The primary result of France’s solar energy policy is that it has become profitable, after subsidies, to install and operate PV panels in most parts of the country. This, in turn, has led to a proliferation of project-development companies that find and secure land and financing to create new installations. In general, these companies fall into two broad categories: those that deal with large tracts of previously unusable, unused, or lightly used land to create solar installations on a commercial scale and those that deal with small-scale installations of solar panels in urban settings. In both cases, the key is that the companies are profitable thanks to government subsidies. As the government scales these subsidies back over time, companies will need to operate at a lower cost basis or expand their business models.

Redavia, a French company founded in 2010 by Erwin Spolders, finds land and financing to build PV panel installations on a commercial scale. Previously CEO of Q-Cells International France, a solar-panel manufacturer based in Germany, Spolders has a background in the solar industry as well as a strong network of contacts in project finance. He saw a significant opening to take advantage of French subsidies for solar power to develop previously unused or underused land and created Redavia to pursue this opportunity. Under his leadership, Redavia has moved to the forefront of the charge to use government subsidies to create a solar energy market in France.

In many ways, Redavia is typical of other companies building commercial-scale PV installations. The company acts primarily as a broker between landowners, financiers, and panel operators. First, the company identifies a new site — typically old agricultural land, quarries, or even military bases. Redavia works to sign a lease with the landowner and to obtain all the necessary permissions and authorizations from the government and from EDF to create a PV panel installation. Next, the company identifies sources of financing — frequently external debt, sometimes Redavia equity — and negotiates all the necessary contracts with the panel-construction contractor as well as EDF to ensure connection to the electrical grid.

After all the paperwork and agreements are in place, Redavia supervises construction of the PV installation and its connection to the grid, and manages operations for a limited period of time. Finally, the company frequently looks to sell its interest in the project to a third party. Over all, Redavia contributes its expertise in project development in exchange for fees. The company is able to take very little balance-sheet risk, leaving that to banks and other players that have access to cheaper capital.

According to Spolders, the business has been highly successful to date but will require continued innovation to ensure further growth. Redavia is considering several new opportunities to anticipate that movement.

France Panneaux Solaires : A Small-scale Developer

On the other side of the panel-installation landscape sit a number of companies that facilitate residential or smaller-scale installations. Among them is France Panneaux Solaires (FPS), founded in Vannes, Brittany, in 2006. FPS provides all the services necessary to manage solar installations for small customers, frequently on rooftops. These services include studies of need, studies of site appropriateness, physical installation of the panels, management of all administrative and legal paperwork and processes, connection to the EDF grid and operation, provision of insurance, and maintenance. Since its inception, FPS has installed over 3,000 solar panels throughout France.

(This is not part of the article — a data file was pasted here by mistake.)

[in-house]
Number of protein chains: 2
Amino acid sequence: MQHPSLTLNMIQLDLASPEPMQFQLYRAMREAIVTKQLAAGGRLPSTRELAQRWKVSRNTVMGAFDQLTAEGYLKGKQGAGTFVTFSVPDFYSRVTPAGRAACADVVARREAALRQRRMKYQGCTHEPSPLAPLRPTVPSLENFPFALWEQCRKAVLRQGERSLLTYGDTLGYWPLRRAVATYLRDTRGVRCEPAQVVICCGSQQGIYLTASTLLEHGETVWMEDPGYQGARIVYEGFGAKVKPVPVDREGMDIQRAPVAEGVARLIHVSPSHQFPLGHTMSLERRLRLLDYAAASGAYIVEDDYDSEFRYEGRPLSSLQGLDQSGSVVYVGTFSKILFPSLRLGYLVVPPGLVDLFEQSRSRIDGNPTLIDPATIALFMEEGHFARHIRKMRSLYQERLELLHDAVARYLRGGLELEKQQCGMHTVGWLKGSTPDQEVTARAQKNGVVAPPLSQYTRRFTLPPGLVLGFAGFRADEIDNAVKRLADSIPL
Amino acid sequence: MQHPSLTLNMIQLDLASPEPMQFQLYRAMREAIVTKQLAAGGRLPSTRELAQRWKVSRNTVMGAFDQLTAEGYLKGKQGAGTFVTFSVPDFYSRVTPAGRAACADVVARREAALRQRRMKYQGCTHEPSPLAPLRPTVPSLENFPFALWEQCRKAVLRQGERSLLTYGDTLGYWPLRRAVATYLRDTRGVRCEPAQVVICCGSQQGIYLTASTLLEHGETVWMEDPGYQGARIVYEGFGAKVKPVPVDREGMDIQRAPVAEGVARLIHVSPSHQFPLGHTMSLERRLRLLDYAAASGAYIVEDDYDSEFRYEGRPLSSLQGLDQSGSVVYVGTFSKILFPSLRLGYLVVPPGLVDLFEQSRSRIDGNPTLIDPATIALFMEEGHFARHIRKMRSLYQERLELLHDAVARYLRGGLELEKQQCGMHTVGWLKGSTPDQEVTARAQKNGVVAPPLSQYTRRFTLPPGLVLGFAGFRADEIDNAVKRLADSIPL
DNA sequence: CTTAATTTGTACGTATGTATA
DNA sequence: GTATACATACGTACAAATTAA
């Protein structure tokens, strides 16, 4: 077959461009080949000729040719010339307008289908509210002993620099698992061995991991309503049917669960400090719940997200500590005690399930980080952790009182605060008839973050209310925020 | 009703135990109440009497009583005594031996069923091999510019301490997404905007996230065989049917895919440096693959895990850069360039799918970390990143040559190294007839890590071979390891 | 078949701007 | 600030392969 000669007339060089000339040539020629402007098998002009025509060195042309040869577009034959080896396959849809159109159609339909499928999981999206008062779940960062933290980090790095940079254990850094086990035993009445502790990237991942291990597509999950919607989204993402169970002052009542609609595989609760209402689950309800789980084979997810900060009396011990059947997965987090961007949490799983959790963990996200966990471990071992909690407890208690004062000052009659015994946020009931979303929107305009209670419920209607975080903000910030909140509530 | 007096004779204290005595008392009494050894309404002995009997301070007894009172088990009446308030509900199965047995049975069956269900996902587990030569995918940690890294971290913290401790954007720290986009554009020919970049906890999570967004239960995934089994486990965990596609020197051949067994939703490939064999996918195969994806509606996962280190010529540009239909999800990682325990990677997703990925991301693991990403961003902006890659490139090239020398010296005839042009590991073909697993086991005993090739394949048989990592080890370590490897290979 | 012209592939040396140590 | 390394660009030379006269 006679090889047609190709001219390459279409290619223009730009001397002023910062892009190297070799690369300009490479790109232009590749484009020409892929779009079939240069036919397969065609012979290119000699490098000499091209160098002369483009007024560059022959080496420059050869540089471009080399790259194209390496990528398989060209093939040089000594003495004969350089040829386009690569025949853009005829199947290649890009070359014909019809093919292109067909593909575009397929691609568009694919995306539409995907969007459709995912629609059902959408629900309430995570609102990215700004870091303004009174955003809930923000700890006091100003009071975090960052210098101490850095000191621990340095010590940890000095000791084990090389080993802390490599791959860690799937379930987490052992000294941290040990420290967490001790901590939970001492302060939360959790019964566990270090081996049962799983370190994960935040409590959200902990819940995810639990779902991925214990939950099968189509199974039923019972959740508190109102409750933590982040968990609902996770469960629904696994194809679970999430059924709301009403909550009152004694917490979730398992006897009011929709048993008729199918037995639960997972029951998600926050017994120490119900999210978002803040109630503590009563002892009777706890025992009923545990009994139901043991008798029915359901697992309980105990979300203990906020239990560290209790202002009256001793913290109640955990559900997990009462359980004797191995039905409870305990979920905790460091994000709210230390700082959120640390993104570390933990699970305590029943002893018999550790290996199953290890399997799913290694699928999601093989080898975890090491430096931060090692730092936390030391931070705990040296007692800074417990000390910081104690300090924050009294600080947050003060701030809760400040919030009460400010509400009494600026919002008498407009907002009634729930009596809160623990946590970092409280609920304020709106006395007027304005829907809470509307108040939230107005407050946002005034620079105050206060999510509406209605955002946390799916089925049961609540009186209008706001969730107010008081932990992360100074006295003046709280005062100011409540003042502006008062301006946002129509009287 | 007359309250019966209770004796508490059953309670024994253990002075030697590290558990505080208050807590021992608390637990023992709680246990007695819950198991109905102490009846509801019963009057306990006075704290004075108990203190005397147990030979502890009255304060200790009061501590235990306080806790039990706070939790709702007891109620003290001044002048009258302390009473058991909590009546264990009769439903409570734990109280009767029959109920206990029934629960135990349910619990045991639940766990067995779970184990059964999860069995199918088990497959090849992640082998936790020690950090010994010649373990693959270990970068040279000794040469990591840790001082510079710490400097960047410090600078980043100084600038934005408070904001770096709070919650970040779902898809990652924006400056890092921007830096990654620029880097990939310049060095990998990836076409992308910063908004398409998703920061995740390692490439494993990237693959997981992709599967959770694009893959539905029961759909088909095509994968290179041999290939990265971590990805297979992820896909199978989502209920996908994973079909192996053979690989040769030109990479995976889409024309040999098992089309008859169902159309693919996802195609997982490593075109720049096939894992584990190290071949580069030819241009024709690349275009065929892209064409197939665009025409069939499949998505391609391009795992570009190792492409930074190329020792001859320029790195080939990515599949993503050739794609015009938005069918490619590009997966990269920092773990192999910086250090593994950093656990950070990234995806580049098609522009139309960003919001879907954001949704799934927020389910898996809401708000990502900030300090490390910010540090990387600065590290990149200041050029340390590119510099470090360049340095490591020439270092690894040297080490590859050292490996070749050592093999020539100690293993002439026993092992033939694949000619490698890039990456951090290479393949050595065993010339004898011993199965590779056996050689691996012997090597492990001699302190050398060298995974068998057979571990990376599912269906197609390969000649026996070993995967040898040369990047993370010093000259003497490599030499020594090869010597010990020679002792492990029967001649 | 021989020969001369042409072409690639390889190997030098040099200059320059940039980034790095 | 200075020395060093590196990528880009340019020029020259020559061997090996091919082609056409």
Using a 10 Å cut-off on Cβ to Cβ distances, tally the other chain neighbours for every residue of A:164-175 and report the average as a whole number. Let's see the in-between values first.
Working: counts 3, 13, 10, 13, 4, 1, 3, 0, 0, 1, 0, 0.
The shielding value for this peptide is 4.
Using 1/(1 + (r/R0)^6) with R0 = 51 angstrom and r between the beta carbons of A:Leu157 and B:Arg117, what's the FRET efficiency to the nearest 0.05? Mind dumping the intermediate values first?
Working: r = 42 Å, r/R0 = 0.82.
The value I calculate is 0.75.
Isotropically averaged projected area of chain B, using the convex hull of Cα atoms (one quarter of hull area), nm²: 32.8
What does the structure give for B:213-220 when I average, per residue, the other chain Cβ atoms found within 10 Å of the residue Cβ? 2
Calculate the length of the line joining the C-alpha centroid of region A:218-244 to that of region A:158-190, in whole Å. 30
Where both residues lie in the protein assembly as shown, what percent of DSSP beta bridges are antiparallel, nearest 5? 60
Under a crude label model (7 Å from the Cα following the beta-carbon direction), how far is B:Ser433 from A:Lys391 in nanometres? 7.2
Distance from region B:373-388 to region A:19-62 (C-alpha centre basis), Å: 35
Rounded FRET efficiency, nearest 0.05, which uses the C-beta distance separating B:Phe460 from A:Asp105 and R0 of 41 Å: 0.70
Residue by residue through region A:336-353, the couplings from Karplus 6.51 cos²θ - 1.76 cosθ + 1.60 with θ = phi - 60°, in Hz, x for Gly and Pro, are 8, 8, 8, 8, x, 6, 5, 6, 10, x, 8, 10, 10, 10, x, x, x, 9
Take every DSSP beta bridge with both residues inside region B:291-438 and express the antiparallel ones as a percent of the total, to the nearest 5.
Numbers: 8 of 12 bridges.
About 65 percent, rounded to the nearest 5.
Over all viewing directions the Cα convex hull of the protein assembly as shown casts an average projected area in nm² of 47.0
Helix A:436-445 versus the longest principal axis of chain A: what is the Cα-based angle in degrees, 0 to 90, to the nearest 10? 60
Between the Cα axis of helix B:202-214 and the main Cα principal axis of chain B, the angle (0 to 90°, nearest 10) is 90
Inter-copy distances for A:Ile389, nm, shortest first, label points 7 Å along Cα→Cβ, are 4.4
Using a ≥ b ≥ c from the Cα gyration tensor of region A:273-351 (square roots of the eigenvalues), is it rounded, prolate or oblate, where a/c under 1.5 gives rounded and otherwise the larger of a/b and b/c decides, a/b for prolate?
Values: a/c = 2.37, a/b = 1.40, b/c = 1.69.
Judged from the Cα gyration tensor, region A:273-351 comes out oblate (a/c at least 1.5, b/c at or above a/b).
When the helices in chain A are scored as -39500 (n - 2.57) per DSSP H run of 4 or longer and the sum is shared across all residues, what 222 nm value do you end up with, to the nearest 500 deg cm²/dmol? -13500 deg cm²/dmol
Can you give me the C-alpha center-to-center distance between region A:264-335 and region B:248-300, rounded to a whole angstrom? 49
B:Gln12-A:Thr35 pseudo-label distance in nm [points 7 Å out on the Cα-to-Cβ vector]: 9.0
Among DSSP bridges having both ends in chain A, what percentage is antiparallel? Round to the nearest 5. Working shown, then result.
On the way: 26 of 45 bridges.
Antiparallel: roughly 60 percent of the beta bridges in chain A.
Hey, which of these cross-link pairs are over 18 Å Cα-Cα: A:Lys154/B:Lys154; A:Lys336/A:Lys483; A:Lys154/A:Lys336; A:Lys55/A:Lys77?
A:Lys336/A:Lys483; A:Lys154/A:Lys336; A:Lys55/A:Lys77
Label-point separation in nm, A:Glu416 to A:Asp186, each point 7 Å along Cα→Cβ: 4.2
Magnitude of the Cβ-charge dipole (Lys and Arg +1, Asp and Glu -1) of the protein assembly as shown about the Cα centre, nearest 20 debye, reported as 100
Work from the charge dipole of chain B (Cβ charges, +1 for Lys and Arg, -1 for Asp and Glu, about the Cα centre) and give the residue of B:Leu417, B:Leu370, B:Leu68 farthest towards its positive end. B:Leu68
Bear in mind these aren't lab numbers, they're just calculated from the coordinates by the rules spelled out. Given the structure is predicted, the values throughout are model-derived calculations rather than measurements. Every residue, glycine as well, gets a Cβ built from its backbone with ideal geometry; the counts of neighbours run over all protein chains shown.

FPS’s success is due largely to government subsidies, as is the success of all companies in its sector. To better understand the importance of subsidies in the residential solar industry, consider a case study of potential cash flows for the Chambre de Commerce et Industrie de Paris (CCIP), a large building in the center of Paris. An investment of €24,000 (US$31,200) would allow the CCIP to cover its roof with solar panels, generating over 2,700 kWh of energy annually. Securing a 20-year contract with EDF at €0.58 (US$0.75) per kWh would then allow the CCIP to generate over €1,600 (US$2,080) annually and pay back the investment in 12.83 years. A positive cash flow would then be generated during the remaining seven years and two months of the contract, earning €12,000 (US$15,600) in the process. This potentially profitable venture will come to fruition only because of the important subsidies: Over €26,000 (US$33,800) of revenues — or 80% of cash flows during the 20-year production period — would be paid directly or via subsidy by the French government. In the residential sector, too, government subsidies have facilitated the proliferation of solar-panel installations.

Saint-Gobain: Technology R&D

Although France lags behind other countries in alternative energy R&D, government subsidies have created an environment in which a few large multinational French-based companies, such as Saint-Gobain, have been able to expand solar panel research and production early in order to establish market share and develop industry-leading technologies in an otherwise potentially unprofitable segment.

Established in 1665 and with 2009 revenues in excess of €37 billion (US$48.1 billion), Saint-Gobain is one of the world leaders in construction materials, particularly external glass and cladding. The company recently increased its public status in North America by manufacturing the glass for the eye-catching Skywalk suspended over the Grand Canyon. However, in attempting to enter the PV solar-panel manufacturing industry, the company encountered stiff competition — most notably from First Solar in the U,S., Suntech in China, and Q-Cells in Germany.